Education commentators have been gnashing their teeth since the recent release of the “gold standard” 2017 National Assessment of National Educational Progress (NAEP) test scores. The scores were flat nationwide. What’s more, as one expert wrote, the scores have been “inexcusably stuck in the mud” over the past eight years.
That sounds pretty awful for our nation, and it is. But the news for Marylanders is even worse. Our state had the largest decline in test scores nationwide from 2013 through 2017, according to analyst Michael J. Petrilli, president of the prominent Thomas B. Fordham Institute.
Once upon a time, Maryland schools had a different reputation. From 2009 through 2013, our public schools were number one in the rankings of the national newspaper Education Week. Since then, we’ve slipped to sixth.
Moreover, we have been in the middle, not near the top, on the more telling NAEP scores. And even those scores were inflated because, as exposed in 2013, we had failed to test large numbers of students with disabilities. That practice has been corrected, accounting for part of our decline but not all.
Yet, is this anything we didn’t know before? After all the Maryland Commission on Innovation and Excellence in Education (known as the Kirwan Commission, on which I serve) is already much in the news. Its preliminary report in December minced no words about the urgency of bold reforms and the need for a lot more money to pay for them.
Still, the new NAEP data showing that we are going in the wrong direction, shines additional light on a lesser-known challenge before the commission. Yes, more money is critical. But there must also be recommendations for strong accountability measures to assure that the money is well spent. The commission recognizes this, but finding a solution is difficult.
There are two big inter-tangled stumbling blocks. One is the weak management capacity of the Maryland Department of Education (MSDE), which must set standards for spending and monitor compliance. The second is the folly of the nation’s enduring love affair with local control of public schooling.
Local control is a complex subject, but here are some basics. The virtues of local control include providing local educators with great flexibility in the employment and training of staff, teaching methods and general administration. On the other hand, how does it make sense for 24 school systems to go their own way instead of using evidence-based best practices in, for example, early childhood programs, interventions for struggling learners, and career and college readiness? The state should prescribe which practices should be used, subject to (a) exemptions for good cause and (b) wide local latitude in how the best practices are implemented.
That balance shouldn’t be hard to accomplish. Other countries with top-performing school systems do it through national policies, whereas in the U.S., there is much more fractionalization and tension among federal, state and local policymakers.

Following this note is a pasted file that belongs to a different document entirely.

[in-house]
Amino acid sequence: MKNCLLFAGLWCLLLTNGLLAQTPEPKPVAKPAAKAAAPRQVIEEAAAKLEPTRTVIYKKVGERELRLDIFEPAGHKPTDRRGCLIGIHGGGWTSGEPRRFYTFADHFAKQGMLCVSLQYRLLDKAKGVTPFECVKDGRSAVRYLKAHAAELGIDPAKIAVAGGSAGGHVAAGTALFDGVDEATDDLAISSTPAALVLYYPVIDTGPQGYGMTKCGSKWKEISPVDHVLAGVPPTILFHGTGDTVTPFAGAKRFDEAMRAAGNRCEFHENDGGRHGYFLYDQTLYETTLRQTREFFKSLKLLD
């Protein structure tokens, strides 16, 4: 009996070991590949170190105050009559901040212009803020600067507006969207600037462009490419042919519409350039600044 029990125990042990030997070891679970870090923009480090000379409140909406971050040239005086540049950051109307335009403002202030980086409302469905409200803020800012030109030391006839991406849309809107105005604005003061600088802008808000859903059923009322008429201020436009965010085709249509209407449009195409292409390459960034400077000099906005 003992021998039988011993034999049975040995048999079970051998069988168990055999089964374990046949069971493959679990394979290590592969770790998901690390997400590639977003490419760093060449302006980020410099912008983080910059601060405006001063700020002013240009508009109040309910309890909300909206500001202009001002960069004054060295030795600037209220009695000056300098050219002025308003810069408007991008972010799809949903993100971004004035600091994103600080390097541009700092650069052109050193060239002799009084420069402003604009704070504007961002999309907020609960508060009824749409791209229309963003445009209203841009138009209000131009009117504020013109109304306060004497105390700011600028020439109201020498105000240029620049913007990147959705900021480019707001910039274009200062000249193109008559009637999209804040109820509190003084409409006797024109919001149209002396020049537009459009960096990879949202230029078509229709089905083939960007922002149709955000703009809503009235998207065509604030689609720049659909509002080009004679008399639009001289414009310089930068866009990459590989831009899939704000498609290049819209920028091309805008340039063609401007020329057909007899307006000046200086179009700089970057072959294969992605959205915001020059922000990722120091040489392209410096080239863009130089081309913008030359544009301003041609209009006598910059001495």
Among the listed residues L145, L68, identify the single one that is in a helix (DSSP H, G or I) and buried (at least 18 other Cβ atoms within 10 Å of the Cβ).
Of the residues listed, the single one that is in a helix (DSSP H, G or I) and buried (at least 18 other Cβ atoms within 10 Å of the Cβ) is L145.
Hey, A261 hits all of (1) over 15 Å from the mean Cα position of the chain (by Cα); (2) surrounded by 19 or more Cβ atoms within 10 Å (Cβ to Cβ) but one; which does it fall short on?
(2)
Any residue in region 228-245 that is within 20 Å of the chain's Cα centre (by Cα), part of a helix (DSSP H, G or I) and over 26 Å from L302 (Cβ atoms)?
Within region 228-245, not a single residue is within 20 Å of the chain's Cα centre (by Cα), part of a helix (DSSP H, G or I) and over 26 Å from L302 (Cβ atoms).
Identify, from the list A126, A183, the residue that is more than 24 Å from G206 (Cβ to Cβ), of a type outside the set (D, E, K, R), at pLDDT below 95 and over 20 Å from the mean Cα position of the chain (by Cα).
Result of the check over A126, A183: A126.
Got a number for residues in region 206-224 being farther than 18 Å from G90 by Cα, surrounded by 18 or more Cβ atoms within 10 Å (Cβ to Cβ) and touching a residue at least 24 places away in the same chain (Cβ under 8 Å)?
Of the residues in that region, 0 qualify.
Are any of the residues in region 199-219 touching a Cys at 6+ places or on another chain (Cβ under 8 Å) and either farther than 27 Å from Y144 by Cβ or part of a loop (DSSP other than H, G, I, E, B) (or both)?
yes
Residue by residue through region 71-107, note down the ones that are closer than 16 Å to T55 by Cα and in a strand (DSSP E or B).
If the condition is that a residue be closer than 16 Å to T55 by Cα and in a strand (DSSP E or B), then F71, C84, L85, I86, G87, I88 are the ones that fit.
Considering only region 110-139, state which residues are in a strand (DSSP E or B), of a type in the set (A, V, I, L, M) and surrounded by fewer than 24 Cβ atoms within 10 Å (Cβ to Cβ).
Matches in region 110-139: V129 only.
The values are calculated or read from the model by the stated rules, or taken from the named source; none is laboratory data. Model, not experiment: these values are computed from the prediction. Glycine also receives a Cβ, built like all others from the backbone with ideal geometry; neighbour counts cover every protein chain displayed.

Still, the state/local tension can be overcome in Maryland if locals trust the state to do the job right. Right now, they have good reason for skepticism. MSDE preaches partnership, but the process too often results in a blizzard of regulatory paperwork that is of questionable guidance and assistance.
Why hasn’t MSDE been more up to the challenge? Is it because of lack of management skills and resources to develop and monitor sound regulations in collaboration with local educators? Is it because of lack of political will to risk local wrath — from local elected officials as well as educators — if it takes stronger stands? And have local educators met MSDE half-way? Probably it’s all of the above. One certain step should be to bolster MSDE’s shrinking staff, which has been asked to do more with less in recent years.
The worst possible scenario would be for the state to diminish local accountability just as accountability nationwide — in the wake of the demise of the No Child Left Behind Act — is backtracking. The Kirwan Commission knows it must convince the governor, legislature and public that MSDE will be empowered to hold local districts more accountable for how more money is spent, while being held more accountable itself. MSDE flunked that test following the Thornton Commission recommendations and funding increases more than 15 years ago.
We must get it right this time. There must be fresh resolve and accountability structures to assure that MSDE and local school systems work together to improve implementation of evidence-based and cost-effective best practices. Our schools will continue to slide unless this happens.
Kalman R. Hettleman is a member of the Maryland Commission on Innovation and Excellence in Education, and a former chairman of the Baltimore school board's budget committee. His email is firstname.lastname@example.org.